Searching for Concentrated Biosignatures in an Ancient, Martian Mud Lake

Category: Press Release

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October 18, 2023, Tucson, Arizona – A landmark discovery by a collaborative team led by
the Planetary Science Institute’s Alexis Rodriguez has unveiled evidence of sedimentary
plains created by aquifer drainage within Martian collapse formations termed chaotic
terrains.

“Our research focuses on a sedimentary unit within Hydraotes Chaos, which we interpret to
be the remnants of a mud lake formed by discharges from gas-charged mudstone
stratigraphy dating back to nearly 4 billion years ago, a time when the surface of Mars was
likely habitable. These sediments might harbor evidence of life from that or subsequent
periods. It is important to remember that the subsurface of Mars might have included
habitability lasting the duration of life’s history on Earth,” said Rodriguez, lead author of
the paper “Exploring the evidence of middle Amazonian aquifer sedimentary outburst
residues in a Martian chaotic terrain” that appears in Nature Scientific Reports.

PSI scientists Bryan Travis, Jeffrey S. Kargel and Daniel C. Berman are co-authors on the
paper. Scientists from NASA Ames Research Center, the University of Arizona, Autonomous
University of Barcelona, Blue Marble Space Institute of Science, and the University of
Florida are also co-authors on the project.

The extensive study of Martian aquifer drainage has revealed enormous flood channels that
stretch thousands of kilometers into the planet’s northern lowlands. The prodigious
erosion caused by these channels, combined with the subsurface sediments released from
the aquifers, blankets extensive portions of the northern lowlands. This complex landscape
presents a formidable challenge for the investigation of the nature of the Martian aquifers.

“Venturing into the northern plains for sampling could prove precarious, as distinguishing
between materials sourced from the aquifers and those eroded and transported during
channel formation could become an intricate task. The plains, situated within Hydraotes
Chaos, offer a unique glimpse into ancient aquifer materials. These plains, which we think
formed from mud extruding into a basin directly above their source aquifer, provide a more
targeted exploration opportunity,” Rodriguez said. “Unlike vast flood channels with their
complex erosion patterns, this finding simplifies the examination of Martian aquifers,
reducing the risk of overland sedimentary acquisition, and opens a new window into Mars’
geological past.”

“Our numerical models reveal a fascinating story. The lake’s source aquifer likely
originated from phase segregation within the mudstone, forming vast water-filled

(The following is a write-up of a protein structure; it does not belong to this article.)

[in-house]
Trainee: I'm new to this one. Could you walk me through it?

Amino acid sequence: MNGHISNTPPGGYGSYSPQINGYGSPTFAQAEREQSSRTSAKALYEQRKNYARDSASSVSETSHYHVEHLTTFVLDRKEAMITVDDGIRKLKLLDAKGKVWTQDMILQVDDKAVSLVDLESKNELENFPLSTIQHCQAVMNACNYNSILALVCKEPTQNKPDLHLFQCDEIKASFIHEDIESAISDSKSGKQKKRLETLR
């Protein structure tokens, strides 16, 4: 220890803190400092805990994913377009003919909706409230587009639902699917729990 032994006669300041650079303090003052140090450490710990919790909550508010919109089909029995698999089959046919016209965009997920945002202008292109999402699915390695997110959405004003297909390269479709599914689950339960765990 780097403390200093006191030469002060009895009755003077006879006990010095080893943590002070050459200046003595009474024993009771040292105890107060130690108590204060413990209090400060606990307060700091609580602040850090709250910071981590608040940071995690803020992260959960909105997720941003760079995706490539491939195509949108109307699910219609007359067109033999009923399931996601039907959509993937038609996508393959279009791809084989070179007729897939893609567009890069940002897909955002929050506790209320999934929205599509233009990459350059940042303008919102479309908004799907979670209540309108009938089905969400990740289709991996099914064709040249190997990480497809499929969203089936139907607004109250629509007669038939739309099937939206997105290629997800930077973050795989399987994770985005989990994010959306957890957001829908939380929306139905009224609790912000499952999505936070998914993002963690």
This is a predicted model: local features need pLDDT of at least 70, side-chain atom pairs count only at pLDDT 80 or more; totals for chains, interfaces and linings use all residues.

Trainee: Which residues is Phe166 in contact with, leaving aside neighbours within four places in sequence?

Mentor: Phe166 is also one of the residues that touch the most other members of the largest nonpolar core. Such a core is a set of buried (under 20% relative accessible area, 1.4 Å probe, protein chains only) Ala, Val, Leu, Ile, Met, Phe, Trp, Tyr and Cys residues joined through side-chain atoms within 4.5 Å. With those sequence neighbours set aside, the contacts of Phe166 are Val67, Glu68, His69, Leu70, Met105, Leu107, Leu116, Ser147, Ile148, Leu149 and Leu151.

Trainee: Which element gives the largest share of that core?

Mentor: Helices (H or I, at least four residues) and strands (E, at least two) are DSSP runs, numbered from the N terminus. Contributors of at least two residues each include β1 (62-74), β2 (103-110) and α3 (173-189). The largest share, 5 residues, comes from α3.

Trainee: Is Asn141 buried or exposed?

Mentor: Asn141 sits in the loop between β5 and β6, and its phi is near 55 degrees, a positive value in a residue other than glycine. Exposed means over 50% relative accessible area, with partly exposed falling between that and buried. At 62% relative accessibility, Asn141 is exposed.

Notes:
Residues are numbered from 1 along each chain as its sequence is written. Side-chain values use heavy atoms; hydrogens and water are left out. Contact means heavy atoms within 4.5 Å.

chambers, several kilometers wide and hundreds of meters deep. This process was likely
triggered by intrusive igneous activity. Moreover, the observed segmented subsidence
across the chaotic terrain suggests an interconnected network of chambers, depicting
stable water-filled giant caverns, some reaching kilometers in widths and lengths, way
larger than any known Earth counterparts,” co-author Travis said.

“Initially biomolecules could have been dispersed throughout the volume of large
groundwater filled cavities. As the water was released to the surface and ponded, the water
went away leaving behind lags of sediments and potentially high concentrations of
biomolecules.” Rodriguez said.

Therefore, the residue of this ancient mud lake could provide unprecedented access to
aquifer materials enriched in biomolecules that have remained hidden within Mars’
subsurface for most of its existence.

“NASA Ames is considering the plains as a possible landing site for a mission to search for
evidence of biomarkers, specifically lipids. These biomolecules are extremely resistant and
could have endured billions of years on Mars,” co-author Mary Beth Wilhelm of NASA Ames
Research Center said.

“In addition, the study region includes widespread mud volcanoes and possible diapirs,
providing additional windows into subsurface, potentially habitable rocks. A small rover
could within short distances sample the mud lake sediments and these materials,
dramatically increasing the odds of biosignature detection,” co-author Kargel said.

“Our crater counts indicate that the plains are relatively recent, returning an age of 1 billion
years. This age is good news for our search for life. This age is way younger than the ages of
most aquifer releases on Mars, dating back to approximately 3.4 billion years ago. So, the
materials spent a huge amount of time in the subsurface.” co-author Berman said.

Funding for the project was from a grant to PSI from Mars Data Analysis Program (MDAP)
grant number 80NSSC19K1490 and a 2020 NASA Ames research innovation award.

Above, view of Hydraotes Chaos (white outline), including the location of the proposed mud lake (black arrow). Below, lobate margin forming part of a constant elevation contact, which we interpret as the lake’s inundation periphery. We plan to land somewhere near here. Credit: NASA.

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